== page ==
Almost each and every man-made object will fail at some point. The degree of said failures can determine when it is time to repair something or move on. Electronics, appliances, cars, and boats all require maintenance, and without needed maintenance, your boat may not last as long. Repairs can be tricky to navigate- expenses, trustworthiness of the repairers, and time can all be factors that affect repairs. The following are some general tips that may be able to help you through the maintenance and repair process.
Maintaining Your Boat and Yacht
–Wash your boat regularly, especially if you boat in saltwater. Saltwater can have damaging effects on your boat’s hardware (particularly the metals your boat is comprised of). Cleaning your boat is fairly easy and requires marine boatwash (or car wash or laundry soap) plus time to brush and rinse your boat.
–Be sure to regularly monitor your fluids. Fluid analysis helps to check the life of your boat’s mechanical systems and how they endure the elements: heat, friction, stress, pollutants, and the like.
–Follow a schedule. Keeping tabs on all of the small components helps in the long run for the lifespan of your boat. Avoid those unusual noises or engine failures by following a set checklist that includes practices such as regularly adding oil, conducting a fluid analysis, watching the gauges, checking the propeller, etc.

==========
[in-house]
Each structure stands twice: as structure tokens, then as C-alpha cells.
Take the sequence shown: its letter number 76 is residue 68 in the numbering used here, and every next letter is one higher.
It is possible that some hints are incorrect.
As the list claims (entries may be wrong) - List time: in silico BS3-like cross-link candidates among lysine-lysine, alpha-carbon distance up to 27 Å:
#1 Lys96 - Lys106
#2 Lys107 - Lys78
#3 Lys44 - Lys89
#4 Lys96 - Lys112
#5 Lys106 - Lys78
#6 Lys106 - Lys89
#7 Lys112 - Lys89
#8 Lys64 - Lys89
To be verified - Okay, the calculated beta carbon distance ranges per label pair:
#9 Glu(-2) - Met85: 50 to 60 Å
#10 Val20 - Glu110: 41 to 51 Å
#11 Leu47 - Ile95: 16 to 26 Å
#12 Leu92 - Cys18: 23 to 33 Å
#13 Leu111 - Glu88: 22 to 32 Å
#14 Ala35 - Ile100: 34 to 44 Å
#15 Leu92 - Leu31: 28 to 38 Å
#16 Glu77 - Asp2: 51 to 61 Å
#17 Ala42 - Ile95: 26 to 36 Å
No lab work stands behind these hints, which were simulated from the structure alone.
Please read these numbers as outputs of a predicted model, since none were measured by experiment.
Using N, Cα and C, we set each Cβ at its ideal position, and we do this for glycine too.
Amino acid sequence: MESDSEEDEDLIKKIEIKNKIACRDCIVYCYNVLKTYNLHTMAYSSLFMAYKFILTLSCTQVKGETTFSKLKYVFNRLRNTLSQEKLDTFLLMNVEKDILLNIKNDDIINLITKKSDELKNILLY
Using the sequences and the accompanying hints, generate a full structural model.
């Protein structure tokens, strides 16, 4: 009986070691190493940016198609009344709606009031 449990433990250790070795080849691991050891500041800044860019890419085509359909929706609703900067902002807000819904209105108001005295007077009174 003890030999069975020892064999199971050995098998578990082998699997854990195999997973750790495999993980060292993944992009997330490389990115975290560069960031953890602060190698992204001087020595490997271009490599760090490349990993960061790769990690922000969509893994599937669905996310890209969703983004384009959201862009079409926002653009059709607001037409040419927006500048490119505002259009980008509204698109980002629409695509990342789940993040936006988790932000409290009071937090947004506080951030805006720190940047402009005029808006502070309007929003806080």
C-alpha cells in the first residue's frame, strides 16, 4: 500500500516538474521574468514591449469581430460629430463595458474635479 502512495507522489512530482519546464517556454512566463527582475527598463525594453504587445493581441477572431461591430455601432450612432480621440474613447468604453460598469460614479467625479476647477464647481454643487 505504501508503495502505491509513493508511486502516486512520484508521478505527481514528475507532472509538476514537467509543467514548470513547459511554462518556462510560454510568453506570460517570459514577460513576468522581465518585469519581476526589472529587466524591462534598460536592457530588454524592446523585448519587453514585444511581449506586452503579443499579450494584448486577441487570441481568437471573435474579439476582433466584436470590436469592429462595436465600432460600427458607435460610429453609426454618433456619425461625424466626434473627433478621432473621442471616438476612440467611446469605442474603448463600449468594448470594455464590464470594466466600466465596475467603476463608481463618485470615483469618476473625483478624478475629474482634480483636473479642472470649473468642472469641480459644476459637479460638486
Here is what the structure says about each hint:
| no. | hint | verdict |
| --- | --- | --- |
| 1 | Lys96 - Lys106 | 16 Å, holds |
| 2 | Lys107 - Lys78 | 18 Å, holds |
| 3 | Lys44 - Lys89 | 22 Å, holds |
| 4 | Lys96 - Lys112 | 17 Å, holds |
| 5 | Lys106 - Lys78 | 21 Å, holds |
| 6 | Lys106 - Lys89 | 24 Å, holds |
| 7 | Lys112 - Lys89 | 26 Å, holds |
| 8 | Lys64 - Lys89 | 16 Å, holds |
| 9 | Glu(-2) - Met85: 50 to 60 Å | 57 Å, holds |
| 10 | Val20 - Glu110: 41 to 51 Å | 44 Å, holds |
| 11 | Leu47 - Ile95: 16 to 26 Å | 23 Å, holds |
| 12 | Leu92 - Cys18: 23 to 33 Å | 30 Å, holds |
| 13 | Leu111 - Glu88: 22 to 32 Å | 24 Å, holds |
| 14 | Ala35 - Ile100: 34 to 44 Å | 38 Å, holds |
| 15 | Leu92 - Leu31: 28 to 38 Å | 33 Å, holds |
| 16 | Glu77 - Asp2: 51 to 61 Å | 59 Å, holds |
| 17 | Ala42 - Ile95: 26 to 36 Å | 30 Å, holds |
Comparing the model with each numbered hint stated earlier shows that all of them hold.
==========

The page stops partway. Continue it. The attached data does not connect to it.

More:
Repairing Your Boat and Yacht
–Consider your budget. Get a written estimate and make sure the repairer you go to gets your authorization on each repair that must be made. Boats are expensive, but you can keep your purse strings tight and still fix your boat. Written estimates help you to approximate costs, while ensuring authorization can prevent the shop from drowning your budget should unexpected problems arise.
–Don’t be hasty, stay in communication, and follow a plan. Create a work order and completion date to keep things on track. Make sure that the shop keeps in contact with you throughout the repair process. Repairs take time and money. If you are unhappy with your repairs, talk to the shop and see if they can make it right. Don’t be quick to judge. Should they decline to help out, head to another shop and see what can be done.
–Get help with big problems, but know when it is time to walk away. Complex repairs should be assessed. Work with a marine surveyor before settling on such a big decision. If the marine repairer you are contemplating giving your business too seems uninterested in helping you out or fails to meet your basic requirements (you can’t have everything your way), it may be time to walk away and find another shop.
No one wants to break down when they are having fun and enjoying their time on the water. Don’t be discouraged with repairing and maintaining your boat. It takes time and money, but in the long run will help your boat run smoother and last longer.